Answer: Day 1’s harvest in the truck was about 1400 pounds.

What Cup Material Gives You the Most Drinking Pleasure?

Drinking coffee is a daily pleasure for many people. And for those who make coffee at home, the favorite cup is an important part of that. Ceramic? Double-walled glass? That’s Bea’s favorite; she even bought some for us.

Then there are the to-go containers. You might pour your home brew to go in a stainless steel mug, many of which have a silicone rim so you don’t burn your lips. Or maybe a thick plastic mug. Or a double walled insulated plastic mug with a lid. There are the paper to-go cups, maybe doubled for heat protection when you pick up coffee to go. The cafe or you might add a thin plastic lid to prevent spillage.

You’ve surely noticed that the material does affect how your coffee tastes and the experience of drinking coffee. Despite the silicone rim on the Contigo, something about it, I almost always burn my lips and mouth. I don’t like drinking from the sippy hole on thin plastic covers of paper coffee cups. I just don’t drink “right.” My stainless steel cup works pretty nicely, but even if the metal doesn’t absorb flavors, the silicone edge has picked up previous chai and other tea flavors.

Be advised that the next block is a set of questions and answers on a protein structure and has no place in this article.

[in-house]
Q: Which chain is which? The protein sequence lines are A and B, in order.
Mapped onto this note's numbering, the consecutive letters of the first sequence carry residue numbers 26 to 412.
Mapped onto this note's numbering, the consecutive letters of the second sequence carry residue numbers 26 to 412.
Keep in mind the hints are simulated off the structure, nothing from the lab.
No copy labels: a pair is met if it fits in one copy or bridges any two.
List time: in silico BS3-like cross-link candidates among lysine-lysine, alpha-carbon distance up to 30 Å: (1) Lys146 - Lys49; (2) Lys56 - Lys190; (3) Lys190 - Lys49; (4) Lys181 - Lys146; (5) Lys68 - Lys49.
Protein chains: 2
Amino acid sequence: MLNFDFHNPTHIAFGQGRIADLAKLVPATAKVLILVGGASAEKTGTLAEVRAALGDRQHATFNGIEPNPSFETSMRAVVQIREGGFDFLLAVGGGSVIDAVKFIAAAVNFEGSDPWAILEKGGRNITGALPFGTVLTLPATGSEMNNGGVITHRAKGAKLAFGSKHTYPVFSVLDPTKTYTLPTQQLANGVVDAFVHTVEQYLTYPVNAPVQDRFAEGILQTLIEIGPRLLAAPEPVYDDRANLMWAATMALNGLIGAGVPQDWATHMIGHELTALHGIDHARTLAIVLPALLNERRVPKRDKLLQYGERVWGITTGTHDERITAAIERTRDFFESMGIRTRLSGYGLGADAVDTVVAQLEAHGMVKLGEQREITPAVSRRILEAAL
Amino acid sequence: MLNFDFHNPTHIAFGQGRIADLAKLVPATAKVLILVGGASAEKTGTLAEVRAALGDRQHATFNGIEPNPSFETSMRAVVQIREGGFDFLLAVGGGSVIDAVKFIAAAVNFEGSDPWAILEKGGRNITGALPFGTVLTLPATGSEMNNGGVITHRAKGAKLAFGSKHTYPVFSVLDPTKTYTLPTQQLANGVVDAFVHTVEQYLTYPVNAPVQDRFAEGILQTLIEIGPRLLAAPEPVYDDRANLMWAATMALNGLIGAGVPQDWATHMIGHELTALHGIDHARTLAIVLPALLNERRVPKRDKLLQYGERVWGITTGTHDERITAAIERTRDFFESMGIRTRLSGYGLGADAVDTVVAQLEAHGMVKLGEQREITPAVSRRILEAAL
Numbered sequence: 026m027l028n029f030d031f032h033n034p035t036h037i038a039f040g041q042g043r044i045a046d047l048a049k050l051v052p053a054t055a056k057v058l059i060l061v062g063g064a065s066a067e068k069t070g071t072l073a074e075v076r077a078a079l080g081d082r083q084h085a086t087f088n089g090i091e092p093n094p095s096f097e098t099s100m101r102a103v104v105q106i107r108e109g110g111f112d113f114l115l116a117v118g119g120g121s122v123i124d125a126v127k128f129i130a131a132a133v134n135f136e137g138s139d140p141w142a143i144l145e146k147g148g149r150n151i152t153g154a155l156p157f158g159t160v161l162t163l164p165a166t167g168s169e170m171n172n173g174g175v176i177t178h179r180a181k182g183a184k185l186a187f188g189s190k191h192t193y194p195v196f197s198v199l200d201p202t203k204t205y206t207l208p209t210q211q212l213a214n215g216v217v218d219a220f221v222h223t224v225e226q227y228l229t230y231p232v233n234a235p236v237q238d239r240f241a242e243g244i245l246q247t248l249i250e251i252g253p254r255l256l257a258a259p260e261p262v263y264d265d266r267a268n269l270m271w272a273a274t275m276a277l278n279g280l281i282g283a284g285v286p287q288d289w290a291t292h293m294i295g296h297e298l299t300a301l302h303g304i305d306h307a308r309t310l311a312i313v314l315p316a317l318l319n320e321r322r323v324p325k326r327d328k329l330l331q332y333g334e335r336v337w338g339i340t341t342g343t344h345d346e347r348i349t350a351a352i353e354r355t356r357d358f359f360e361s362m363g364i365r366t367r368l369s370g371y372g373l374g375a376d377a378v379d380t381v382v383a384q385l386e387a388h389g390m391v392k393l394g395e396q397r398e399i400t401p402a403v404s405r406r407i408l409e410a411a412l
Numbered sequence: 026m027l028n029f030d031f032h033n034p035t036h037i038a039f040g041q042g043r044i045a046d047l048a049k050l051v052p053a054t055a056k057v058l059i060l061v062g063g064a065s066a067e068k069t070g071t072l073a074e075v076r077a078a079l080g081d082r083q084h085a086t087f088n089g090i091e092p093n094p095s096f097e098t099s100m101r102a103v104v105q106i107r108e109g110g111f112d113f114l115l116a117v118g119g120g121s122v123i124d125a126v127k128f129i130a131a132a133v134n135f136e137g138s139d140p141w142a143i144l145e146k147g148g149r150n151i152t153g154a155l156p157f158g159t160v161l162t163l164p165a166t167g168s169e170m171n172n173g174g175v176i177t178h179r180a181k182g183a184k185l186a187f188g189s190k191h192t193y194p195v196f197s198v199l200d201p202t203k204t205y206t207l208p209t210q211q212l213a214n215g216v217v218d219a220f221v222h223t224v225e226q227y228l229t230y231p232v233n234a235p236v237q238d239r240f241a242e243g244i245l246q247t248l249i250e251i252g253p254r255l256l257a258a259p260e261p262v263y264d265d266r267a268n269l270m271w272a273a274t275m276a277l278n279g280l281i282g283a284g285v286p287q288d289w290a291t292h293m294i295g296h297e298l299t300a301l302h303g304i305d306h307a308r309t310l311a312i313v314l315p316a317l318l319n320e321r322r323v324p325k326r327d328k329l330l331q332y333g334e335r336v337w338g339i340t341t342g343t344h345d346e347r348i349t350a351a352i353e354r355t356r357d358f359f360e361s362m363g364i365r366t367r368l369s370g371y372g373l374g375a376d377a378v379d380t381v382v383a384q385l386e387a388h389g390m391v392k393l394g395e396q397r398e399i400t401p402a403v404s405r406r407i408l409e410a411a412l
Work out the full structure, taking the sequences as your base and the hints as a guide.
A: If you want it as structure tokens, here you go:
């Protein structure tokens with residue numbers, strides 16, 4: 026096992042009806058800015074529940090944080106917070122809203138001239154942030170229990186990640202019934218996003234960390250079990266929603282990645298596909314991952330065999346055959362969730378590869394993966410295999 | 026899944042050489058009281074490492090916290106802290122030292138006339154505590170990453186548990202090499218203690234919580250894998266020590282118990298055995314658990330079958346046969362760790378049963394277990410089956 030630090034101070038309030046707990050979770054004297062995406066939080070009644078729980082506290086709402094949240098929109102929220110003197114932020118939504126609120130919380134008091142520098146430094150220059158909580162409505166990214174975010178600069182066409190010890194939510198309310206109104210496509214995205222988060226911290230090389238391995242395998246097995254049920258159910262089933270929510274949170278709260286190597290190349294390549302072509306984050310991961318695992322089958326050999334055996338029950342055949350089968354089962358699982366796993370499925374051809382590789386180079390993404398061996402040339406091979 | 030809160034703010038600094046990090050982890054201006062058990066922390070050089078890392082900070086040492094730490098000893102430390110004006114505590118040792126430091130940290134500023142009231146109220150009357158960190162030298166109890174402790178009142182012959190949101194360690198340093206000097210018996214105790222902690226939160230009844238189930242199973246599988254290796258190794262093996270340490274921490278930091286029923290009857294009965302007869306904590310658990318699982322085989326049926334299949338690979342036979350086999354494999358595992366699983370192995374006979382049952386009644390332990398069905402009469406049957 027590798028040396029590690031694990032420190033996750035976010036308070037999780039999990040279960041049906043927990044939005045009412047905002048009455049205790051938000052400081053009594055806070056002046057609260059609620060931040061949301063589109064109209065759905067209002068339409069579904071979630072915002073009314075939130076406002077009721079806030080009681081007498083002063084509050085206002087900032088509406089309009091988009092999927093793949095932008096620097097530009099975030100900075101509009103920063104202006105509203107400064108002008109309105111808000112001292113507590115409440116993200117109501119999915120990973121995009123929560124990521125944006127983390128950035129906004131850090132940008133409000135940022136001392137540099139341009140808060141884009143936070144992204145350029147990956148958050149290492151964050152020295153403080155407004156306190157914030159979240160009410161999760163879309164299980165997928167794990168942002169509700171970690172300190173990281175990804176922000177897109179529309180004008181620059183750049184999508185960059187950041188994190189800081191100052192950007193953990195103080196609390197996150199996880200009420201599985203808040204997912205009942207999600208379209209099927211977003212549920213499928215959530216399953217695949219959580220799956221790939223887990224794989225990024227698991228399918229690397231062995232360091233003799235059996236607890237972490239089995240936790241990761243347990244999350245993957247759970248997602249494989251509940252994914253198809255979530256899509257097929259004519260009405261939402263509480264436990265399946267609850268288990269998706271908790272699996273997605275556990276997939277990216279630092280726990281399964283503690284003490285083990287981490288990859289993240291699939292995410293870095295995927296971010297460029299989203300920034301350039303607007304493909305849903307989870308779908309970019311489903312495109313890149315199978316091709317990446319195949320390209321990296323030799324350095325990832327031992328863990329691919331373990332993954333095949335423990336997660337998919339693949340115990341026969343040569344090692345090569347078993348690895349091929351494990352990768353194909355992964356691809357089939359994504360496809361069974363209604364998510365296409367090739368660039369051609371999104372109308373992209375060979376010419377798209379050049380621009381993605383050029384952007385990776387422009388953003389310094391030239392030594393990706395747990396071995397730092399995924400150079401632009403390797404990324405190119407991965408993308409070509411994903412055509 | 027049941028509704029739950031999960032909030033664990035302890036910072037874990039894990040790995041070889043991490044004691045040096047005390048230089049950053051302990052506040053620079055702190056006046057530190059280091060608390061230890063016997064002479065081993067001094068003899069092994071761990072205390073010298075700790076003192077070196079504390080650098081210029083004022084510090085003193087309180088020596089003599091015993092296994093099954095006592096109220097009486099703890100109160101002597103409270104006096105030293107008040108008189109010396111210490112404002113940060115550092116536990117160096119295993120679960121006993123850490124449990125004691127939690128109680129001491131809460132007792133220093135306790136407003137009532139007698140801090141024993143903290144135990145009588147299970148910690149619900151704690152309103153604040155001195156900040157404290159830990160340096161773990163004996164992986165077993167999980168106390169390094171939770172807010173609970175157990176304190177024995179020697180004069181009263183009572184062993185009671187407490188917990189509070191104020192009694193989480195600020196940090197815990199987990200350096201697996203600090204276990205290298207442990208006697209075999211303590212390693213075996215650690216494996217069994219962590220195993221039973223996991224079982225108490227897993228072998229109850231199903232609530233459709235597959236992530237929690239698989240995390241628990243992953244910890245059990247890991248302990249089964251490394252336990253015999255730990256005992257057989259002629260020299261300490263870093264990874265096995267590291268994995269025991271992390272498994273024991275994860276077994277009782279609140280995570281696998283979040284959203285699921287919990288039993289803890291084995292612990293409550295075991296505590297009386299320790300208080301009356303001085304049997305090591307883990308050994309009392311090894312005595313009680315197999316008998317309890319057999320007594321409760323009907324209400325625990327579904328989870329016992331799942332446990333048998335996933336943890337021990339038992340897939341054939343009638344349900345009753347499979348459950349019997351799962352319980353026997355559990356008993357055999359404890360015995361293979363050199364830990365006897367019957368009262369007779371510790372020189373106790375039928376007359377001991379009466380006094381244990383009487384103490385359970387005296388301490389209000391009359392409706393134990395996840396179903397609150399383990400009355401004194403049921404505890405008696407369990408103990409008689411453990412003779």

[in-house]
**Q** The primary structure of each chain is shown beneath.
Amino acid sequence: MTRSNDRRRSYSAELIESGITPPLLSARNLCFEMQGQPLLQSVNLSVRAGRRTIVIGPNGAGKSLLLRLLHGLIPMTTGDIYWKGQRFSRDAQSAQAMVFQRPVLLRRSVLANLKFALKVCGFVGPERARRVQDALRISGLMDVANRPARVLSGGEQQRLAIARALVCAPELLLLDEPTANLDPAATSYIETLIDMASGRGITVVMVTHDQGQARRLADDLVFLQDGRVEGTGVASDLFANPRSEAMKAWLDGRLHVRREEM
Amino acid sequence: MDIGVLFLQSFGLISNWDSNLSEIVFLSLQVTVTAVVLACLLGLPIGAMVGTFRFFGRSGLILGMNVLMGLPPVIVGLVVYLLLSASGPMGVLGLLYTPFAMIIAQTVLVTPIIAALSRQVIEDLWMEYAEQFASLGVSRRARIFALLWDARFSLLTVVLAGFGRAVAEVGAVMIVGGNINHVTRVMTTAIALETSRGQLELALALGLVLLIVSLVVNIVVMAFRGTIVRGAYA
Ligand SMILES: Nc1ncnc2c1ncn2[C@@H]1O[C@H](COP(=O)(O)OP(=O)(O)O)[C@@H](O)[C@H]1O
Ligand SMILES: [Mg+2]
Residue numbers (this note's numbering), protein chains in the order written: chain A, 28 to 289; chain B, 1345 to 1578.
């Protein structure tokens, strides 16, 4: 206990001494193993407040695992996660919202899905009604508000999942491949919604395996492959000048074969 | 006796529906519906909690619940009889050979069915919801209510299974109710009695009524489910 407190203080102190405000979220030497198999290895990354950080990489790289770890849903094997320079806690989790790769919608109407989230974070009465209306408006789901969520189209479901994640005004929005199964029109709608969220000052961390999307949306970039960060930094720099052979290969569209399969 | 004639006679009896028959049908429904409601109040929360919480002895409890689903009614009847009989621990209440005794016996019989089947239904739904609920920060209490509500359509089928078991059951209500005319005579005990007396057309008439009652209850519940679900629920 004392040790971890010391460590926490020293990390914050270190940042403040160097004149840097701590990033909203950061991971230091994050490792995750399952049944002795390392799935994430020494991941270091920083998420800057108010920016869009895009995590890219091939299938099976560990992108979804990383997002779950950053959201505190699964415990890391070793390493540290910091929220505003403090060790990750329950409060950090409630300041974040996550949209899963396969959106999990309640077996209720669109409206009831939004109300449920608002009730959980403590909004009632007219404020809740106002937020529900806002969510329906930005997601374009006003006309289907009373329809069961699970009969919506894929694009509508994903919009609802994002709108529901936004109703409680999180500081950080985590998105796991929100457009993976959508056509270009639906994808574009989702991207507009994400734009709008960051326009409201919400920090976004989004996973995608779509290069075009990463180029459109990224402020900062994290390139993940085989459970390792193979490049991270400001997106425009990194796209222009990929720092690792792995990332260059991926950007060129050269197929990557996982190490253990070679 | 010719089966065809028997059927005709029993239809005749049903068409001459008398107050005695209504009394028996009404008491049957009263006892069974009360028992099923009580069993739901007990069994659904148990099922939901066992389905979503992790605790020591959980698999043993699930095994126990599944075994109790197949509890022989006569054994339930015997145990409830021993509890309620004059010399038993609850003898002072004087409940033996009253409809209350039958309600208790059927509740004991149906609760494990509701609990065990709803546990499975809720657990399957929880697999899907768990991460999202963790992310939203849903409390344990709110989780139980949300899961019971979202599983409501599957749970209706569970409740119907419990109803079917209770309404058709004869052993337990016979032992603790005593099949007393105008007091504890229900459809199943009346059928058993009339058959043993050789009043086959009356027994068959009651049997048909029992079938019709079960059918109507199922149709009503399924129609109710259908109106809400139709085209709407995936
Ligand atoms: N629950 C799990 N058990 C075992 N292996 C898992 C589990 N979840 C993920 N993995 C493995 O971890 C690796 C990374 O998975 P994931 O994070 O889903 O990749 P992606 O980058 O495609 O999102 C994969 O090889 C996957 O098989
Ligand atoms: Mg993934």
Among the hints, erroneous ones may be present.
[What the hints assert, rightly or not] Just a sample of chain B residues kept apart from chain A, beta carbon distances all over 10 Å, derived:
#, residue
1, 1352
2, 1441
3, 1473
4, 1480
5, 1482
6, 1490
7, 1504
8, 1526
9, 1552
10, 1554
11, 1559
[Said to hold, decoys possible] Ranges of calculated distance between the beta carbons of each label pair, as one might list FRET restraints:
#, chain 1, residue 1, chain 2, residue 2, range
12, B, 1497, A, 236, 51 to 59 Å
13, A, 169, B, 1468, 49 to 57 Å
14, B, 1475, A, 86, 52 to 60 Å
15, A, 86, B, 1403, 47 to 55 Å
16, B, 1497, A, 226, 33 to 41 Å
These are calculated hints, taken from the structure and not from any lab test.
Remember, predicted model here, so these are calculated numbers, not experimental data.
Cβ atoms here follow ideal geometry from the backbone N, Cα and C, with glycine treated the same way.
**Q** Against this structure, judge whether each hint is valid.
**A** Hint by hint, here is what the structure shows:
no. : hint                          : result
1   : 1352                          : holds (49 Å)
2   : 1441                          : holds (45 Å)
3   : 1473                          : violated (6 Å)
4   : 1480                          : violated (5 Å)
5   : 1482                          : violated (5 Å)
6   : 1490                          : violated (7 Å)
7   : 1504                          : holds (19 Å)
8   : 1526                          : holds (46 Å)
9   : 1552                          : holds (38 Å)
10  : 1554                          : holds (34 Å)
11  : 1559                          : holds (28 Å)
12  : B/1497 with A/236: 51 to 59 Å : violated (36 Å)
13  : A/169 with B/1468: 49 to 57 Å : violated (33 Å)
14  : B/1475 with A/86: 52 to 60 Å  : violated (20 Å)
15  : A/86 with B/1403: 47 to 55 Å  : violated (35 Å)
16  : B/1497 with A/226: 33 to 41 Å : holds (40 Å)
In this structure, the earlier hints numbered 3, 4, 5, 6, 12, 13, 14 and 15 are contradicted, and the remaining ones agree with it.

Maybe you’re now motivated to browse this recent article, “Do Different Materials Affect The Flavour Of Your Coffee?”

How to Make a Classic Brunch Dish Mo’ Bettah

Pidgin lesson for the day: mo’ bettah = “more better” as in, improve. Put the coffee in the dish, don’t just drink coffee with the dish. And I have thoughts on how to make French toast more Hawaiian.

I recently came across this recipe which was adapted from A Flash in the Pan: Simple, Speedy, Stovetop Recipes by John Whaite, Kyle Books. (You can find the original recipe on his website). I wanted to first make the brunch dish before posting it, but I often don’t whittle through my “to try” list quickly enough. I like to change up the blog posts, and a recipe is due. I share it in case you’ll get around to it before me.